John Webb addresses what he believes are the primary areas of
Solvency II those in internal audit should be concentrating on. In particular
he encourages you to look beyond the calculation kernel and reminds you that
the proportionate rogue that needs to be reported.
The Solvency II directive aims
to reduce the likelihood of corporate failure, significant customer loss and disruption of the insurance market. In answer to
the question ‘what are the main things to get right in complying with this vast
body of regulation and guidance?’ my opinion is that we should remember the ‘proportionate
rogues’ and the need to report on them properly.
Why is this? Because, in my view, proportionality is promised by
regulators and the main rogues to which this applies are:
O: own risk and
U: use test
I would like to take these one at a time and in a proper order, so as to
give us a clear direction when wading through the detail of the various CEIOPS
Level 2 and 3 consultation and FSA papers. The guidance therein is still
emerging and will change more or less continuously ahead of implementation two
years away and inevitably, afterwards too.
First, let us refresh our memories. Pillar 1
sets out the quantitative requirements for determining capital adequacy and covers the role of the internal model, with its
calculation kernel and risk management elements. Pillar 2 is the qualitative approach, namely corporate
governance, enterprise risk management, internal control,
supervisory review and capital add-on implications, all play a part. Pillar 3 covers the reporting requirements, public
disclosure and market discipline.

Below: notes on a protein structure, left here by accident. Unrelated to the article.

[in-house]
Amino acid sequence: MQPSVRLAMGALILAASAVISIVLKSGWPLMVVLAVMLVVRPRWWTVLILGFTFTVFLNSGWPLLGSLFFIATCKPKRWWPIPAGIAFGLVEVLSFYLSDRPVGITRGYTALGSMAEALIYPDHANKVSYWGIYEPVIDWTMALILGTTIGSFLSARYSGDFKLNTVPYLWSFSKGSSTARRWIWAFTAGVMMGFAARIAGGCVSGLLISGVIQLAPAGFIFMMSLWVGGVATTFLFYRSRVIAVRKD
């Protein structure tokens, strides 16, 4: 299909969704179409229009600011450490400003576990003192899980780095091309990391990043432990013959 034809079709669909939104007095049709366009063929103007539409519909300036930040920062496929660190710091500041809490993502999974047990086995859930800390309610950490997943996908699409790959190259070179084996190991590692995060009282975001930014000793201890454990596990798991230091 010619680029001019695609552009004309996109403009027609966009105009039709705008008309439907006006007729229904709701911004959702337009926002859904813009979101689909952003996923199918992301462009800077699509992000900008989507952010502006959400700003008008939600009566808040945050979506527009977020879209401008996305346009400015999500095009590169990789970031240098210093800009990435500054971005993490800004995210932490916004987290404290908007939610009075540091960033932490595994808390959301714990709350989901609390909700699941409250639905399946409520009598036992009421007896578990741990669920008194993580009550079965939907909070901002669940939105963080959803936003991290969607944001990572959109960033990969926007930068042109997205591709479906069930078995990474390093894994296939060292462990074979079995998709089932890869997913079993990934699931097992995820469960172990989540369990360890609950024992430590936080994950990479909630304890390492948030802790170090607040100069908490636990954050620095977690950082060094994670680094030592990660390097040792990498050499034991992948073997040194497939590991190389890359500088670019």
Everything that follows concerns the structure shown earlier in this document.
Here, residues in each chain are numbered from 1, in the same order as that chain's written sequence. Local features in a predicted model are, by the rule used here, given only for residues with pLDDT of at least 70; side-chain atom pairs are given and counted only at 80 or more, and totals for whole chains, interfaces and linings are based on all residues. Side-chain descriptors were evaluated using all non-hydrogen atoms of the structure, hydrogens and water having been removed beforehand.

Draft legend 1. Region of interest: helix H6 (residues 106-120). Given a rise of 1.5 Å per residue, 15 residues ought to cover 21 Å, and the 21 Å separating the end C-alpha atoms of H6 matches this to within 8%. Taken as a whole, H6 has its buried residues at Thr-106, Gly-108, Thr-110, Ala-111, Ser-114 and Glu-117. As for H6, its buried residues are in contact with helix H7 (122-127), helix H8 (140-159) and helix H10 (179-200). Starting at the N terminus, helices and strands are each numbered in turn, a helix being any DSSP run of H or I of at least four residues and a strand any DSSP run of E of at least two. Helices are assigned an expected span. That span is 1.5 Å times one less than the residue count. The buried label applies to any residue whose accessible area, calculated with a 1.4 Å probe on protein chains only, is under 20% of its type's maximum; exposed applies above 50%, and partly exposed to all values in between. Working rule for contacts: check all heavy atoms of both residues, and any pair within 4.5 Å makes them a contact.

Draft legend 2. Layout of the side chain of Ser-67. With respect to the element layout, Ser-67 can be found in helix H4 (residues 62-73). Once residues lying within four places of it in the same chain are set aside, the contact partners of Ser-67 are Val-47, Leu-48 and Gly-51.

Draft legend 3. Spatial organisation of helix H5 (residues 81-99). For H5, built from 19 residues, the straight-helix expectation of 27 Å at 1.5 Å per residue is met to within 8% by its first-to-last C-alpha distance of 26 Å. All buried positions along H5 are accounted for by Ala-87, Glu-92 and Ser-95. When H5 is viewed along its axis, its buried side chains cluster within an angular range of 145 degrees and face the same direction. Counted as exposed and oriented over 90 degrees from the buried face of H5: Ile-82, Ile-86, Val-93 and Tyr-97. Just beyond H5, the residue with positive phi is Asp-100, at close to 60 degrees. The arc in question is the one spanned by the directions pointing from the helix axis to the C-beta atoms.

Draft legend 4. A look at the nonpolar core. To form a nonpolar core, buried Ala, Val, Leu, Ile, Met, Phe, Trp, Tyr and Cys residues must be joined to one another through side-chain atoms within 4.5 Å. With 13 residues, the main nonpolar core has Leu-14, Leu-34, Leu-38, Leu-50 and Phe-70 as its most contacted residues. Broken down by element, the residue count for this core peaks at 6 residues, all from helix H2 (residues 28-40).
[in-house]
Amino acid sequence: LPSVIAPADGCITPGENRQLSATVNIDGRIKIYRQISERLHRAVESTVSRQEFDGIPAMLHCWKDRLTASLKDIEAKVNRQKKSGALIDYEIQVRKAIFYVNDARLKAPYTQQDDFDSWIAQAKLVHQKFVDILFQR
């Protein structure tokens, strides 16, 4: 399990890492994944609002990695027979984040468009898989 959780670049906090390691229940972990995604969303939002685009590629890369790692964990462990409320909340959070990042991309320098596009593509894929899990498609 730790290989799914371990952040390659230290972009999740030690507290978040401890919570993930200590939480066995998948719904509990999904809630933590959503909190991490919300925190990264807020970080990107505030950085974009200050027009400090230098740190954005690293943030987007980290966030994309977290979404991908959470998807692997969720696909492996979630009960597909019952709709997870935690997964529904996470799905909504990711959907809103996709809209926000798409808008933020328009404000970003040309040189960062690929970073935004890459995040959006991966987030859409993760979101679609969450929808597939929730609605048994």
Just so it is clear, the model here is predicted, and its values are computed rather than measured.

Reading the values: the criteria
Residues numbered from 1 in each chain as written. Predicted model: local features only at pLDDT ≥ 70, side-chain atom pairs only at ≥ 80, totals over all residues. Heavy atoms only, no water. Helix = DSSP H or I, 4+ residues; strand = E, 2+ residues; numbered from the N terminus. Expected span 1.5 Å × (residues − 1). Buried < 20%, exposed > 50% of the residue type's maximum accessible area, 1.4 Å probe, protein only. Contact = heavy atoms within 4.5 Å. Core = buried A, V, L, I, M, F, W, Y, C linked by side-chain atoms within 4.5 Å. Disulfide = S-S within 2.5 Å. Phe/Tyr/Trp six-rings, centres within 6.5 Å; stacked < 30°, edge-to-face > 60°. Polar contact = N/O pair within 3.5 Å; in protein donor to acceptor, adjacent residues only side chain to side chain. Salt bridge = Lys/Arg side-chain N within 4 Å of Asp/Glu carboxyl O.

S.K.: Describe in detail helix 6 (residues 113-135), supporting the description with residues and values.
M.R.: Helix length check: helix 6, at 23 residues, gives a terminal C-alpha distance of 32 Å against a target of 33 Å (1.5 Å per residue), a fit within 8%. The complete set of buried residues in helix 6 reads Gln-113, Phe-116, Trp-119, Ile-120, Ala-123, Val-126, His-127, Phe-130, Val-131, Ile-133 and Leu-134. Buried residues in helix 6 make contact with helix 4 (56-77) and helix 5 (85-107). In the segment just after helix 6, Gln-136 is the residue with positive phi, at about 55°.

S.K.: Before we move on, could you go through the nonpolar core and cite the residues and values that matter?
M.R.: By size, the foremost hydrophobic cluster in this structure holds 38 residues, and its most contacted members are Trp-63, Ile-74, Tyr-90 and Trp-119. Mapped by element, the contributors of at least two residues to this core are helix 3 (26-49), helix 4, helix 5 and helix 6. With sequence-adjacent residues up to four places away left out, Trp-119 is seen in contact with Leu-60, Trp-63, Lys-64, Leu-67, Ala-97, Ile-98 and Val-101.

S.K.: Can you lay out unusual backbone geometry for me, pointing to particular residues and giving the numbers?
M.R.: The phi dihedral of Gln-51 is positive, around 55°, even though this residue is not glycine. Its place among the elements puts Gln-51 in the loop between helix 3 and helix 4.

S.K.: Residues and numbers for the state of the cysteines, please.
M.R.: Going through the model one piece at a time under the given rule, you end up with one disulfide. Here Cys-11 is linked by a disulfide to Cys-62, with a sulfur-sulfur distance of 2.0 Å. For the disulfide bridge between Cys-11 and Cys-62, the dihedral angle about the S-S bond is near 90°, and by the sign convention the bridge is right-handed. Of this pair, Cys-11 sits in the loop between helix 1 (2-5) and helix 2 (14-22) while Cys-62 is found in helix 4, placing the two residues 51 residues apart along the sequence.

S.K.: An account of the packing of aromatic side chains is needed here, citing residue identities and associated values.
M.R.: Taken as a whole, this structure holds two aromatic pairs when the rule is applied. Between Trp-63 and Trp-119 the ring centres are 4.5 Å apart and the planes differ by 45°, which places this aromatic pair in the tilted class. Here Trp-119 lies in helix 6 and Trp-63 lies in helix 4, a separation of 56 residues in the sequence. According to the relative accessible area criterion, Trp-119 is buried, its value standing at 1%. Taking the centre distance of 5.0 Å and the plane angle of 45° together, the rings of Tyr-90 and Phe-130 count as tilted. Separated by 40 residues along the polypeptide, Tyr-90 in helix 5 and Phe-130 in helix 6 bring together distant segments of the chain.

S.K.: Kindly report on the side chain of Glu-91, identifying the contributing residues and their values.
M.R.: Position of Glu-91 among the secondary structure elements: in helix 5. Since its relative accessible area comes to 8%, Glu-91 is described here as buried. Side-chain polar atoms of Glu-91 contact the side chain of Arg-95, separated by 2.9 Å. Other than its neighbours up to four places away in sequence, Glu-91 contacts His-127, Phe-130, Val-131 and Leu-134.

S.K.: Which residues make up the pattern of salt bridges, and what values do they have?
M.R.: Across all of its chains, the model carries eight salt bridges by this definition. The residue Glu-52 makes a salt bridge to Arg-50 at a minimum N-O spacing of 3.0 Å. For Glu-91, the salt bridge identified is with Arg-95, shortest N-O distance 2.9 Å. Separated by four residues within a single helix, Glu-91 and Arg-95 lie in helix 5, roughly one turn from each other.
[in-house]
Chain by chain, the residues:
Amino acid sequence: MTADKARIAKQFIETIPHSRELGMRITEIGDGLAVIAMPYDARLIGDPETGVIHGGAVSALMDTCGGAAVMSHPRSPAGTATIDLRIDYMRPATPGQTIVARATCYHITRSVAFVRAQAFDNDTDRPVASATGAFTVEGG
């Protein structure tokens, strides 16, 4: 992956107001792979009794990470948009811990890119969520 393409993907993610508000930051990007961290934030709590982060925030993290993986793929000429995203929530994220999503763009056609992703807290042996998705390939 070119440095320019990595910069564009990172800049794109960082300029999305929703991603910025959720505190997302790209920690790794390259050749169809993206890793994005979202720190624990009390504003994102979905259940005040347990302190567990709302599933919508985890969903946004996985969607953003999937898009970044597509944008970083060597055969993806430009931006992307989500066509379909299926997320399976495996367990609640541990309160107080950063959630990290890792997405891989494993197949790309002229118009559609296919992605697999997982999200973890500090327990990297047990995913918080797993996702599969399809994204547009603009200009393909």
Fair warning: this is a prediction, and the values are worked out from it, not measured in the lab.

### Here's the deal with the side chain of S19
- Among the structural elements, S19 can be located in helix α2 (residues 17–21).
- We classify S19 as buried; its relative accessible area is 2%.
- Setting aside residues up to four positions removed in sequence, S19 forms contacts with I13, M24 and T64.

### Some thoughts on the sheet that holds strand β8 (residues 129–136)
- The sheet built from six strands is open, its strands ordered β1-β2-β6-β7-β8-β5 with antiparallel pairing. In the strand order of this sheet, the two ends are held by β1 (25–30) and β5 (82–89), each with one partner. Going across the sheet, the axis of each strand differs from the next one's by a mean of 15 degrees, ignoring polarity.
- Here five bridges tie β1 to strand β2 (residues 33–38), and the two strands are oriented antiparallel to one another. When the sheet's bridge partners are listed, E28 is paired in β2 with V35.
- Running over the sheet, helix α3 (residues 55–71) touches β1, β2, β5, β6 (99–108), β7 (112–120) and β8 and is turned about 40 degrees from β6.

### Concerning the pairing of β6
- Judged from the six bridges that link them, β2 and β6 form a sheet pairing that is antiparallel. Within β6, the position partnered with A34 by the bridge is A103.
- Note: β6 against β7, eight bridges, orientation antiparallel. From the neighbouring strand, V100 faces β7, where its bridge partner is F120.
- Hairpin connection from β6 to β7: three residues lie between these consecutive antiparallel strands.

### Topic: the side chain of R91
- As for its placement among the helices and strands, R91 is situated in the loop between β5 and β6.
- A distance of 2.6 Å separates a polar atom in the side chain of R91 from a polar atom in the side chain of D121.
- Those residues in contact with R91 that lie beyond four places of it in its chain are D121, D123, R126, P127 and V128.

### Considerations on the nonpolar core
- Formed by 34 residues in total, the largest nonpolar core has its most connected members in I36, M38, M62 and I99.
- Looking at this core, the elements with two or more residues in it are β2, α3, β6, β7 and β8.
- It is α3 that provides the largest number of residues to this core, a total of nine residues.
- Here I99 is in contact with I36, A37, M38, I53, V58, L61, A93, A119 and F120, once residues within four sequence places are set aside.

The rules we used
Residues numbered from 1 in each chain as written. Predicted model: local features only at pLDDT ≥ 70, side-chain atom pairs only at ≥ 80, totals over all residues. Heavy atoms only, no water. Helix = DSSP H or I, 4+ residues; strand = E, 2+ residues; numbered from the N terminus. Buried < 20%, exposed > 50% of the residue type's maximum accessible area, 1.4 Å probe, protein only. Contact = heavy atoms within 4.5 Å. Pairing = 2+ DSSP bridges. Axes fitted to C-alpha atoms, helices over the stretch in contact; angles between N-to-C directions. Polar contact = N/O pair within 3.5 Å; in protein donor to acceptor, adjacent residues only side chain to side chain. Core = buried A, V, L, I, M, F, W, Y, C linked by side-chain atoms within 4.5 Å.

The clear and logical
allocation of responsibilities, provision for effective challenge and
monitoring at all levels, as well as sign-off at key stages are vital.
Documentation to prove this has been complied with, will be an absolute
necessity; it is also important to document what has not been done and why. I
will look again at adequacy of documentation under risk management, later.
is not negotiable, nor will internal audit be in the future. Article 47 of the
Level 1 framework text requires that ‘insurance and reinsurance undertakings
shall provide for an effective internal audit function’. Its remit is to cover,
- the internal control
- other elements of the system of
- data auditing, which should not be
performed by the actuarial function.
Internal audit is required, at least
annually, to produce a written report on its findings. In the FSA’s three lines of defense model,
whereby risk management is in the second line, internal audit is the third line
as an independent check and assurer.
good news, for UK insurers used to the present regime, came from FSA’s
Discussion Paper 08/4 which stated that ‘the use of an economic/realistic
balance sheet and internally-modelled individual capital assessments based on a
defined level of confidence, share some similarities with the Solvency II
framework….but “firms should note that while the essential concepts and
objectives driving the Individual Capital Adequacy Standards (ICAS) regime are
similar to those underlying Solvency II, many detailed requirements will differ
from those with which they are familiar”’.